MultiCare helps lead the way in detecting heart defects in newborns
In 2008, MultiCare began to research the effectiveness of pulse-oximetry screening for detecting congenital heart defects (CHD) in newborns born at MultiCare Tacoma General Hospital's Family Birth Center. In 2014, six years and more than 18,000 screenings later, the pulse-oximtery test became standard operating procedure for all of MultiCare's Birth Centers. The work done to study pulse-oximetry screening at MultiCare was chronicled in a piece published by the MultiCare Institute for Research & Innovation in the Feb. 2015 issue of the journal PEDIATRICS.
Read more about MultiCare's pulse-oximetry screening program below.
Hidden heart defects in healthy-appearing newborns have been found and fixed, thanks to a quick and painless test that's celebrating its seventh anniversary this week at MultiCare Health System.
Called pulse oximetry, the test detects low levels of oxygen in the blood, which may be indicative of a heart defect.
Tacoma General, in collaboration with the MultiCare Mary Bridge Pediatric Heart Center, was one of the first hospitals in the state to offer puls- oximetry screening to all healthy-appearing newborns, starting in 2008.
In 2012, the screening began to be offered for the first time for newborns at MultiCare Good Samaritan Hospital in Puyallup, supported by grant funding from the Fraternal Order of Eagles in Puyallup. Testing also has started in the Family Birth Center at MultiCare Auburn Medical Center.
So far, five critical congenital heart defect cases have been identified through the screening, out of the 24,000 or so newborns screened at MultiCare hospitals since Feb. 14, 2008.
Learn more about CHD at Mended Little Hearts of Puget Sound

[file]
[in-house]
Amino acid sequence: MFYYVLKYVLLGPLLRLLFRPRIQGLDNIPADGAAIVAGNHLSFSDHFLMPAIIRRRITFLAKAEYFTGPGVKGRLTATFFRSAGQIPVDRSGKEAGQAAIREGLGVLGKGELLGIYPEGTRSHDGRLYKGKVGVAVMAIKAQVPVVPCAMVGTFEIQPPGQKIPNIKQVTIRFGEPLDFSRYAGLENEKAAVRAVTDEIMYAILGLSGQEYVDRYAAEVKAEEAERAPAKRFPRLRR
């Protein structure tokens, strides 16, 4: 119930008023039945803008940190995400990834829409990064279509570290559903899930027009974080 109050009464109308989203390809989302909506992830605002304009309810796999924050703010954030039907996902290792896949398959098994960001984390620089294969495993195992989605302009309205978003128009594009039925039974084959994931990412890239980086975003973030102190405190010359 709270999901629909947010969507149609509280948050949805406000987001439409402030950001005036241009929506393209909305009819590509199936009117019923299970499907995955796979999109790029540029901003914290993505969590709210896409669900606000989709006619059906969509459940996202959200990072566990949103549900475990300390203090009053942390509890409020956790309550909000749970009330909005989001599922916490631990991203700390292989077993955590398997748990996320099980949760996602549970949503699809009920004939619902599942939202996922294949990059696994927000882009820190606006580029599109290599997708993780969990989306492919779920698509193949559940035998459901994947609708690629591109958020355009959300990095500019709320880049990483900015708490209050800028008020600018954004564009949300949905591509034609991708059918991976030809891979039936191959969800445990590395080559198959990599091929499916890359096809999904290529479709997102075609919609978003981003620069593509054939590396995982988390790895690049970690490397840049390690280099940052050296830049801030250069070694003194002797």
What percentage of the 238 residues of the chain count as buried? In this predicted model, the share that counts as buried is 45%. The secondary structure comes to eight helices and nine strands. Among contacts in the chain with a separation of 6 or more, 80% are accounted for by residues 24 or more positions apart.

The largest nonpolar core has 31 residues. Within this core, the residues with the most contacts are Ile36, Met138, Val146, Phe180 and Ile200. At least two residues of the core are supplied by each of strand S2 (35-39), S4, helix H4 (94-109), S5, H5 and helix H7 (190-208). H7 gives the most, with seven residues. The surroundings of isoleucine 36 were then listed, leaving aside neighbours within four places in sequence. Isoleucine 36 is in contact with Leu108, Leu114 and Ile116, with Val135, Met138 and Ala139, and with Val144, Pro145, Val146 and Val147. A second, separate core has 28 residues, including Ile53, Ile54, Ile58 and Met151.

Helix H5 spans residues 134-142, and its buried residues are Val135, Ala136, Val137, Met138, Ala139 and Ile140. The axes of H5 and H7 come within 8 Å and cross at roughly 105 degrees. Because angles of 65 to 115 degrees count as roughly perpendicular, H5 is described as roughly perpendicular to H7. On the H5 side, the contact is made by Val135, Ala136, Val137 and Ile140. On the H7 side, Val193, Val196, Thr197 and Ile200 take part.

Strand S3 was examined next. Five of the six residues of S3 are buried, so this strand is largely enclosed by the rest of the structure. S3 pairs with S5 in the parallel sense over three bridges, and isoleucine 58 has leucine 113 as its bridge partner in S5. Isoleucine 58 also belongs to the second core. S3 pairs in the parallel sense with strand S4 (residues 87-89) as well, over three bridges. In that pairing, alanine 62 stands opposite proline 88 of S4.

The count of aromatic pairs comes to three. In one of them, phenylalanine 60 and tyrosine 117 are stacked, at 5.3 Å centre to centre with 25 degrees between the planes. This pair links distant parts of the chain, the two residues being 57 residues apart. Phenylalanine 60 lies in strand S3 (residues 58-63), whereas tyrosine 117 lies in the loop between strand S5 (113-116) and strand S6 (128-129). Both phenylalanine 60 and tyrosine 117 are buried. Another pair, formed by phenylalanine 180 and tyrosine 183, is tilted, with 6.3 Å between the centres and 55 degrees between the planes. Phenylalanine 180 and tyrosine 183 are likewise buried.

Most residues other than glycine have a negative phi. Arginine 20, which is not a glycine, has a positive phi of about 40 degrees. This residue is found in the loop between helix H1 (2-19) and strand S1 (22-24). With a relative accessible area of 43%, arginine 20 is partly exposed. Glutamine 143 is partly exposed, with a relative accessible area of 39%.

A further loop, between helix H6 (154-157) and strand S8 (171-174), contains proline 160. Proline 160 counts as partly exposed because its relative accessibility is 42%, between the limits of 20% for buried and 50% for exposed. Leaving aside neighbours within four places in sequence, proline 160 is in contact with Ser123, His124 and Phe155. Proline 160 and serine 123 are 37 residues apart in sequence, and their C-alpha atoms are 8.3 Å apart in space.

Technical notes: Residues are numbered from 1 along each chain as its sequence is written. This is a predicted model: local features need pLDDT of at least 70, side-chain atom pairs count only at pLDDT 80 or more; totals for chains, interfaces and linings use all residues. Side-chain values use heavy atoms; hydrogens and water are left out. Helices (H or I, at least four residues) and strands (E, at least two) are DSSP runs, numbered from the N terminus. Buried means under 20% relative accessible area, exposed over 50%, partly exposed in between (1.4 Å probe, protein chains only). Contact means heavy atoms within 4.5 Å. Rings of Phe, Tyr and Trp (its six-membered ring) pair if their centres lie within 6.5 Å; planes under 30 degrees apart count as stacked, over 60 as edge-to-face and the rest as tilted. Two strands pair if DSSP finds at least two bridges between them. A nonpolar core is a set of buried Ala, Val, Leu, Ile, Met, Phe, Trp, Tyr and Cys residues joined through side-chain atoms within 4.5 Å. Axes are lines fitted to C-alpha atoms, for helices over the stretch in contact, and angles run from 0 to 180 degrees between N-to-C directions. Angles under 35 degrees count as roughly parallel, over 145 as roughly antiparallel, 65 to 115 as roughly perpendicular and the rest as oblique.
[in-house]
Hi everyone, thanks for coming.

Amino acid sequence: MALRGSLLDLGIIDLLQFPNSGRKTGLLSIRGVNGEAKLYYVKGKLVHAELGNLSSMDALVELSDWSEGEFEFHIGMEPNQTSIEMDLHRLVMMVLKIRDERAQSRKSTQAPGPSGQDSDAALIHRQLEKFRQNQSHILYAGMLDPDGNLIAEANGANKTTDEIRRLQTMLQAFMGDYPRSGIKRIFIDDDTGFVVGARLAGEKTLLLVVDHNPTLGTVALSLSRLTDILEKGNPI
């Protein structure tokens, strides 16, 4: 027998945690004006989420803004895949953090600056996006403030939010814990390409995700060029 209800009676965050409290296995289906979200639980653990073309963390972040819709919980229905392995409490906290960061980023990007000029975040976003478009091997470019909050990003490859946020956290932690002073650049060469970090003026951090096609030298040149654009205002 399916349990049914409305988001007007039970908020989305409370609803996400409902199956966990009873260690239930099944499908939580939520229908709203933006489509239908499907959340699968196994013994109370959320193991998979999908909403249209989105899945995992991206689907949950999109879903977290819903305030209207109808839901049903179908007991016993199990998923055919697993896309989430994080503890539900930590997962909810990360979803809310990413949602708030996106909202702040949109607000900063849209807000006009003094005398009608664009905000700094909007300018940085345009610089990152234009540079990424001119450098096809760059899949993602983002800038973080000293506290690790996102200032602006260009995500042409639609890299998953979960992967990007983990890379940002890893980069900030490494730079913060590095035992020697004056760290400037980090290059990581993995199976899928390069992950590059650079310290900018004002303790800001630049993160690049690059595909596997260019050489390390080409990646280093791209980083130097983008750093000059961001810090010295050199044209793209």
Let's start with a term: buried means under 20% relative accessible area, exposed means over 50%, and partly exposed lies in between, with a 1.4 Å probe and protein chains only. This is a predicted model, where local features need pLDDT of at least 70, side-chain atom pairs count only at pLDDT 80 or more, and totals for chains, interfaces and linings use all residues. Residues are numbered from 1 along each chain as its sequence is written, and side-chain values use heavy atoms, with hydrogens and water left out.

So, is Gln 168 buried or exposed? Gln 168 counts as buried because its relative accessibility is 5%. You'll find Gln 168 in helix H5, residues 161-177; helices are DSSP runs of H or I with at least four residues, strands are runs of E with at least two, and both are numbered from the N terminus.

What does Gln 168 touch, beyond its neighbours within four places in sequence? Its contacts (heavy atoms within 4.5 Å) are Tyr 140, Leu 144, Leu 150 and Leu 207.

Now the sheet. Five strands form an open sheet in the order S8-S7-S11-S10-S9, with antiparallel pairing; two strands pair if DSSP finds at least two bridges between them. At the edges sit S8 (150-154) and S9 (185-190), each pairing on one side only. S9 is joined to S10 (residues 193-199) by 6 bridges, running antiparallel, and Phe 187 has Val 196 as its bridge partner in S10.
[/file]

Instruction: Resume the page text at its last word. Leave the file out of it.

“My big passion for this comes from babies who do not have this test, and then show up in our Emergency Department or clinics when they’re very sick with serious heart disease that could have been detected earlier,” said Dr. Matthew Park, a pediatric cardiologist with NorthWest Congenital Heart Care, who practices at Mary Bridge Children's Hospital and Tacoma General Hospital.
Nine out of 1,000 infants are born with congenital heart disease. Of those, 25 percent are critical defects that require lifesaving surgery within the first month of life.
“Unfortunately, less than half of all infants are diagnosed by routine prenatal ultrasound,” Dr. Park said. “Due to normal cardiac and respiratory physiologic changes that occur during the normal transition infants go through during the first 48 hours of life, many infants with critical defects do not have signs, symptoms or exam findings that alert parents and caregivers to the possibility of a critical heart defects. These infants can become very sick very quickly with a high chance of sudden death.”
MultiCare’s research helps change national policy
The work that has already saved young lives in Tacoma could soon be saving newborns across the United States.
In 2012, the American Academy of Pediatrics officially endorsed newborn screening for critical congenital heart disease.
Representatives of MultiCare’s program were one of three U.S. hospital teams selected to travel to Washington, D.C., to make a presentation about the lifesaving potential of universal pulse oximetry newborn screening. Because of research at Tacoma General and other sites, U.S. Health and Human Services Secretary Kathleen Sebelius recommended pulse oximetry for all newborns nationwide.
For this pioneering work in screening newborns for heart defects, MultiCare Tacoma General Hospital’s Family Birth Center and the MultiCare Mary Bridge Pediatric Heart Center received the 2011 Warren Featherstone Reid Award for Excellence in Health Care.
“Our newborns are showing why this test could soon be saving young lives at other hospitals,” said Shelly Mullin, President of the West Pierce Region for MultiCare Health System. “Mothers who give birth at our Family Birth Center find comfort in knowing their babies have been screened for heart defects before they go home from the hospital.”
Editor's note: This article was originally published in Feb. 2014 and was updated Feb. 5, 2015.
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